Susan Cowsill is no stranger to the stage.
In the ’60s, at the age of 7, she joined her brothers and mother to be part of a band that would eventually inspire the Partridge Family television series. The Cowsills, formed in Newport, built an impressive bio, performing on multiple television shows throughout the ’60s and ’70s and receiving numerous gold records. Cowsill herself is the youngest rock performer to have a Top Ten hit, according to the band’s website.
Almost 50 years later, music is a second language to Cowsill, now 56.
“I’ll be that girl with no pension plan,” joked Cowsill, who has had her own solo career in music for about 15 years now. “I’ll be doing music for the rest of my life.”
The Cowsills, featuring Susan and her brothers, Paul and Bob, will perform Saturday during Springfest at Misquamicut State Beach in Westerly. Cowsill said she often comes back to Rhode Island and tries to make the rounds to see family when she’s here.
“We have like 8,000 cousins who live in Westerly. We try to make it back when we’re able to,” she said.
Part of Cowsill’s return to Rhode Island with her brothers will involve holding a memorial for her brother, Richard, who succumbed to his year-long battle with lung cancer last year. The group will surround his memorial bench, which was dedicated just this year, Tuesday at 11 a.m. in King Park in Newport; the public is invited to attend.
The park bench sits near memorial bench for Cowsill’s other brothers, Bill and Barry. Barry died in New Orleans during Hurricane Katrina in 2005, and Bill passed away the day of Barry’s memorial service from health issues related to hip replacement surgery, back surgery, emphysema and osteoporosis.
The funds to pay for Richard’s bench came through a request Cowsill put out through her website. In just three days, enough money – just under $1,000 – was raised.
Cowsill said she sees the benches in the park as an affirmation of where they came from, since she still feels at home in Newport.
“[Having the memorial benches] is about as good as it gets,” she said. “It’s the best.”
Cowsill’s father was in the Navy and the family moved to Newport, but Cowsill spent enough years in the city that it was really all she knew. When the family made the move to Los Angeles in 1967, she was 8 years old and desperately wanted to come home. Back then, she “would have traded the mansion in L.A. to come back any day,” she said.
But Cowsill carries no regrets. “I wouldn’t have had it any other way,” she said.
Some of her fondest memories, Cowsill said, are of her and her family’s performances on the porch of Halidon Hall, the house where the family lived in Newport. She remembers there were times the whole neighborhood would venture up the hill to the house to hear the family play.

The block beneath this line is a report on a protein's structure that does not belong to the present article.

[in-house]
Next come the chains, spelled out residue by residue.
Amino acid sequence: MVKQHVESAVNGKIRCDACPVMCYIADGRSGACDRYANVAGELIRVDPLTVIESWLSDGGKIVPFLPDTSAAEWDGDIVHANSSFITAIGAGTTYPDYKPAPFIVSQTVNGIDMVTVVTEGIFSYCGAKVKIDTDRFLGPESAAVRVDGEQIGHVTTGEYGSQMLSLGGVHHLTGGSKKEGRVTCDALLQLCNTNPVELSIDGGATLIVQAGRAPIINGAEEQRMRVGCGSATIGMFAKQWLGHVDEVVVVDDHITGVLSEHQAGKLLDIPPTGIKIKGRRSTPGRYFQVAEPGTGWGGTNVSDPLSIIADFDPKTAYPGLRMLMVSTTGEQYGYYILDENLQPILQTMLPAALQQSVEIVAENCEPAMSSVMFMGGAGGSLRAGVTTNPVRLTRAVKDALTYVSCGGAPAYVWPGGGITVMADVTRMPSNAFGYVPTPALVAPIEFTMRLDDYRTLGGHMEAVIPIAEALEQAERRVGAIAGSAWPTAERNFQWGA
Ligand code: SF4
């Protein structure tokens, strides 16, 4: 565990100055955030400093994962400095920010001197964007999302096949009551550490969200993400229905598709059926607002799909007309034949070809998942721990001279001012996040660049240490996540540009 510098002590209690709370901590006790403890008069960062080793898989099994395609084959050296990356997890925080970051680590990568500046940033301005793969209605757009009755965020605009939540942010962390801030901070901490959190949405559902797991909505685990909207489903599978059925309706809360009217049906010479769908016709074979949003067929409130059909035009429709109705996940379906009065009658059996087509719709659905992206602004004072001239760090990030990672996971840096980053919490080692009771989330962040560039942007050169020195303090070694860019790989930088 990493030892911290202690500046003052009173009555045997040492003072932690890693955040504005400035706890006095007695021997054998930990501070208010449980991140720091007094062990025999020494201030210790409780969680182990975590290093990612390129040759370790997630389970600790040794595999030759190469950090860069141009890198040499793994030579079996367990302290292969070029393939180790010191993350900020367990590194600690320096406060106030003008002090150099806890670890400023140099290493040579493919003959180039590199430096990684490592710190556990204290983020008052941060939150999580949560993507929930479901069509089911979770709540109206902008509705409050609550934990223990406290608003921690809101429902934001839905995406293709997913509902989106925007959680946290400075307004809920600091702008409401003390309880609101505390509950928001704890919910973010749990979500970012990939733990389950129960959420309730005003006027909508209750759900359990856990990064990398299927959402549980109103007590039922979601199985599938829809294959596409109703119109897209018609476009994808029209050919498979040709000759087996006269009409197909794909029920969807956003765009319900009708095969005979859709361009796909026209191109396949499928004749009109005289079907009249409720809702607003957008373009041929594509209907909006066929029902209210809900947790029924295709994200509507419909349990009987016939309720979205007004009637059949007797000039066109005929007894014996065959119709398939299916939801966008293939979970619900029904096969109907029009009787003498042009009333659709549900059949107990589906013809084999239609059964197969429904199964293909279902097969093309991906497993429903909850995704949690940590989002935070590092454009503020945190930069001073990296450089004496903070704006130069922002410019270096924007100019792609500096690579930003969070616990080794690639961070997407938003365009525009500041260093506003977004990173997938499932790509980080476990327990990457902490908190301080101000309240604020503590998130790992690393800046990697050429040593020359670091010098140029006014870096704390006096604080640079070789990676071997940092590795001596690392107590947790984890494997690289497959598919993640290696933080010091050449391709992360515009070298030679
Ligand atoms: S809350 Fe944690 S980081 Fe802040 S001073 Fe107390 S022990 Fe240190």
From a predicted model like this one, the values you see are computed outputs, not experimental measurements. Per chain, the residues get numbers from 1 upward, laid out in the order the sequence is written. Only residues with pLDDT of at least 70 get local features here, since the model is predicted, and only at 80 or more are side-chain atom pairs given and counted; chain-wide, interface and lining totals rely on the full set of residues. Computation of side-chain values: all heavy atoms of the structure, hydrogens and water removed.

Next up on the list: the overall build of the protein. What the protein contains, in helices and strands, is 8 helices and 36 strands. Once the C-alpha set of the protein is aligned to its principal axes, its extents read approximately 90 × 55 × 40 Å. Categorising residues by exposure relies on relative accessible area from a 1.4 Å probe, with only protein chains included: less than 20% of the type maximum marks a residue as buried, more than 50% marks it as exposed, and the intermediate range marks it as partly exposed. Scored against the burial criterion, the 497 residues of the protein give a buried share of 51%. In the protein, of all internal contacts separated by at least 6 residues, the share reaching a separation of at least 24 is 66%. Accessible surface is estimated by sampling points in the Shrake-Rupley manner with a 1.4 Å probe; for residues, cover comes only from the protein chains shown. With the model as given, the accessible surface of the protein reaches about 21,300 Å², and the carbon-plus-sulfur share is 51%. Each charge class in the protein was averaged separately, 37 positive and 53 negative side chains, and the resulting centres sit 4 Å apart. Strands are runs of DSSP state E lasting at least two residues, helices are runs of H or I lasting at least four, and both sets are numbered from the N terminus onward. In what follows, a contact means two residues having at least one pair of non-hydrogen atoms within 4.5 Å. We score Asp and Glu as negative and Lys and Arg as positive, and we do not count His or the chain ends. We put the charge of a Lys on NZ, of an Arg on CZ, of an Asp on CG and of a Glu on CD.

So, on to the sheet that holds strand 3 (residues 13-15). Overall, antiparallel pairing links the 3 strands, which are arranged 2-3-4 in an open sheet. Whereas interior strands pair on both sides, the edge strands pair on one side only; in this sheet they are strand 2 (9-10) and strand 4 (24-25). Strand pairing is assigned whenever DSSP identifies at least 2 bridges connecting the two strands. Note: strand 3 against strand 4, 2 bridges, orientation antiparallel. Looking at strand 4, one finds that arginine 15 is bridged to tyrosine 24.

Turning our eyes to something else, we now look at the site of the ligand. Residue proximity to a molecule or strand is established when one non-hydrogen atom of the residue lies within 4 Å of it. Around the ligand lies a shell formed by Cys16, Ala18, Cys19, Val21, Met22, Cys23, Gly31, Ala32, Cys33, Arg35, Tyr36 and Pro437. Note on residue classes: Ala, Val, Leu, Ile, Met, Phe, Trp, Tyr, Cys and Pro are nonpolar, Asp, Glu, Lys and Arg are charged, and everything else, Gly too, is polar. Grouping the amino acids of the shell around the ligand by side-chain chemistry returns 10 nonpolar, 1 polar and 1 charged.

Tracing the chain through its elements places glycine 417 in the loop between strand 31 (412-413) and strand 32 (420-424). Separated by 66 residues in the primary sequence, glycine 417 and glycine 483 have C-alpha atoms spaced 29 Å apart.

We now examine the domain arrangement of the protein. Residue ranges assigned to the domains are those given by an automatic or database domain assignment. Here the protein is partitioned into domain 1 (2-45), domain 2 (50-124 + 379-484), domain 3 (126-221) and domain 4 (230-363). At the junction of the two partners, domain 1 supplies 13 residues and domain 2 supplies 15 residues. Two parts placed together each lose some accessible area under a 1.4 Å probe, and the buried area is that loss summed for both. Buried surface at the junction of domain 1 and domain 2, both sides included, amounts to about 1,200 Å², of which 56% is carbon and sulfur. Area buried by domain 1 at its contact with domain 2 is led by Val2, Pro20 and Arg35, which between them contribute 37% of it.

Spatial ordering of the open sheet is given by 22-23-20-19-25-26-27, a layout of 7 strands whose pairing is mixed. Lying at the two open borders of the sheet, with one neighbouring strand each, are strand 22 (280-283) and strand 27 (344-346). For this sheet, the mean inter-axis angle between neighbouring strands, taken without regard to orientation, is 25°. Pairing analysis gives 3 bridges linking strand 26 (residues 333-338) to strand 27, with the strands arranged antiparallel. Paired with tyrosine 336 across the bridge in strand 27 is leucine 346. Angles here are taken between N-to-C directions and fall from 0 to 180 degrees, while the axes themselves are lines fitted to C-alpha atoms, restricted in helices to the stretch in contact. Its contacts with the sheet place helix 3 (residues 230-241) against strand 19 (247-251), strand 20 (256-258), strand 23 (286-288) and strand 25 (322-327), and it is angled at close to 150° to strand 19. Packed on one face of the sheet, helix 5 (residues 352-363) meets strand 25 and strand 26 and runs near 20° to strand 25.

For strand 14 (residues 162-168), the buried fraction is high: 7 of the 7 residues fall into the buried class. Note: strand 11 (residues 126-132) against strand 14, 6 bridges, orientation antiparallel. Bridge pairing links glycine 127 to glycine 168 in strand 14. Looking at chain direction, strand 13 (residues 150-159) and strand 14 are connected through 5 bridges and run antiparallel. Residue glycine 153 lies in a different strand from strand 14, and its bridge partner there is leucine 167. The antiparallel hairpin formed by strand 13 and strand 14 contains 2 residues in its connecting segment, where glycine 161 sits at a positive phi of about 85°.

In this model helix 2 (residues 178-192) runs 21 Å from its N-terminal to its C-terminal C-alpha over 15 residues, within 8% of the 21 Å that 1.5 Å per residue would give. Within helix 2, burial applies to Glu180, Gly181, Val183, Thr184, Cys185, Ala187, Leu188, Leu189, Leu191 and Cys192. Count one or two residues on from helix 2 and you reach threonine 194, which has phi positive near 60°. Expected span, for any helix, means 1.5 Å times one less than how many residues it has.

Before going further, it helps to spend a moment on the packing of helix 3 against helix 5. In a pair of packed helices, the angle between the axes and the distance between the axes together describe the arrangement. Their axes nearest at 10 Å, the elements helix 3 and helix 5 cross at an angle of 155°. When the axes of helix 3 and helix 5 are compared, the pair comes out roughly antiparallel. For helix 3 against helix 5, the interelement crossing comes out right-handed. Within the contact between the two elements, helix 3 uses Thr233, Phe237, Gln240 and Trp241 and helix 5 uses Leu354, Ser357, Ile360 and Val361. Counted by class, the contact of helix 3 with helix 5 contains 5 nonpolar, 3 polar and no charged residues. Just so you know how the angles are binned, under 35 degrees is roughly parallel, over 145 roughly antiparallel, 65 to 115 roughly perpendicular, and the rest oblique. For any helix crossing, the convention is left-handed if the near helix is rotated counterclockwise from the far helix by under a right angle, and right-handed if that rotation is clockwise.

Cowsill lives in New Orleans and said she would love to return to Rhode Island – if she could “convince her Cajun husband” that the winters aren’t nearly as bad as everyone says.
In the process of writing her new solo record, Cowsill said she is finding a “lightness” in her new music, since she has come through the dark. She has found solace in doing her own songwriting – it’s a way for her to “get a handle on things” after the heartache she and her brothers have experienced, she said.
“Life can be horrible at times, beautiful at times, beautifully horrible and horribly beautiful at times,” she said. “We all have something to express – [in music] you might not get paid for it, but it’s a healing entity.”
The Cowsills will soon begin performing in the “Happy Together” tour with the Turtles, featuring Flo & Eddie, The Association, the Buckinghams, Mark Lindsay and Grass Roots, with concert dates through the summer. The group plans to begin work on its final album at the beginning of next year. Cowsill said there are no solid plans on what will be on the album, but said it will have some songs by Barry and Bill and other original songs written by all three performers.
As for Cowsill, she plans to continue her solo career in the Americana, folk-rock genre. She’s also gained an appreciation for end-of-life care from the losses she’s experienced and said if she were to have an alternate career, it would be in hospice.
“I’ve dealt with a lot of death in my life,” she said. “I think people would be grateful to have someone be part of their passing on, just like with birth. It’s an honored position to be in. It’s a part of my life that I don’t fear.”
Springfest will be held Friday from 5 to 11 p.m., Saturday from 11 a.m. to 11 p.m. and Sunday from 11 a.m. to 5 p.m. at Misquamicut State Beach, 257 Atlantic Ave., Westerly. The Cowsills are set to take the stage Saturday at 7 p.m. on the main stage. Admission costs $7 and children age 3 or younger may attend for free.
For tickets, visit misquamicutfestival.org.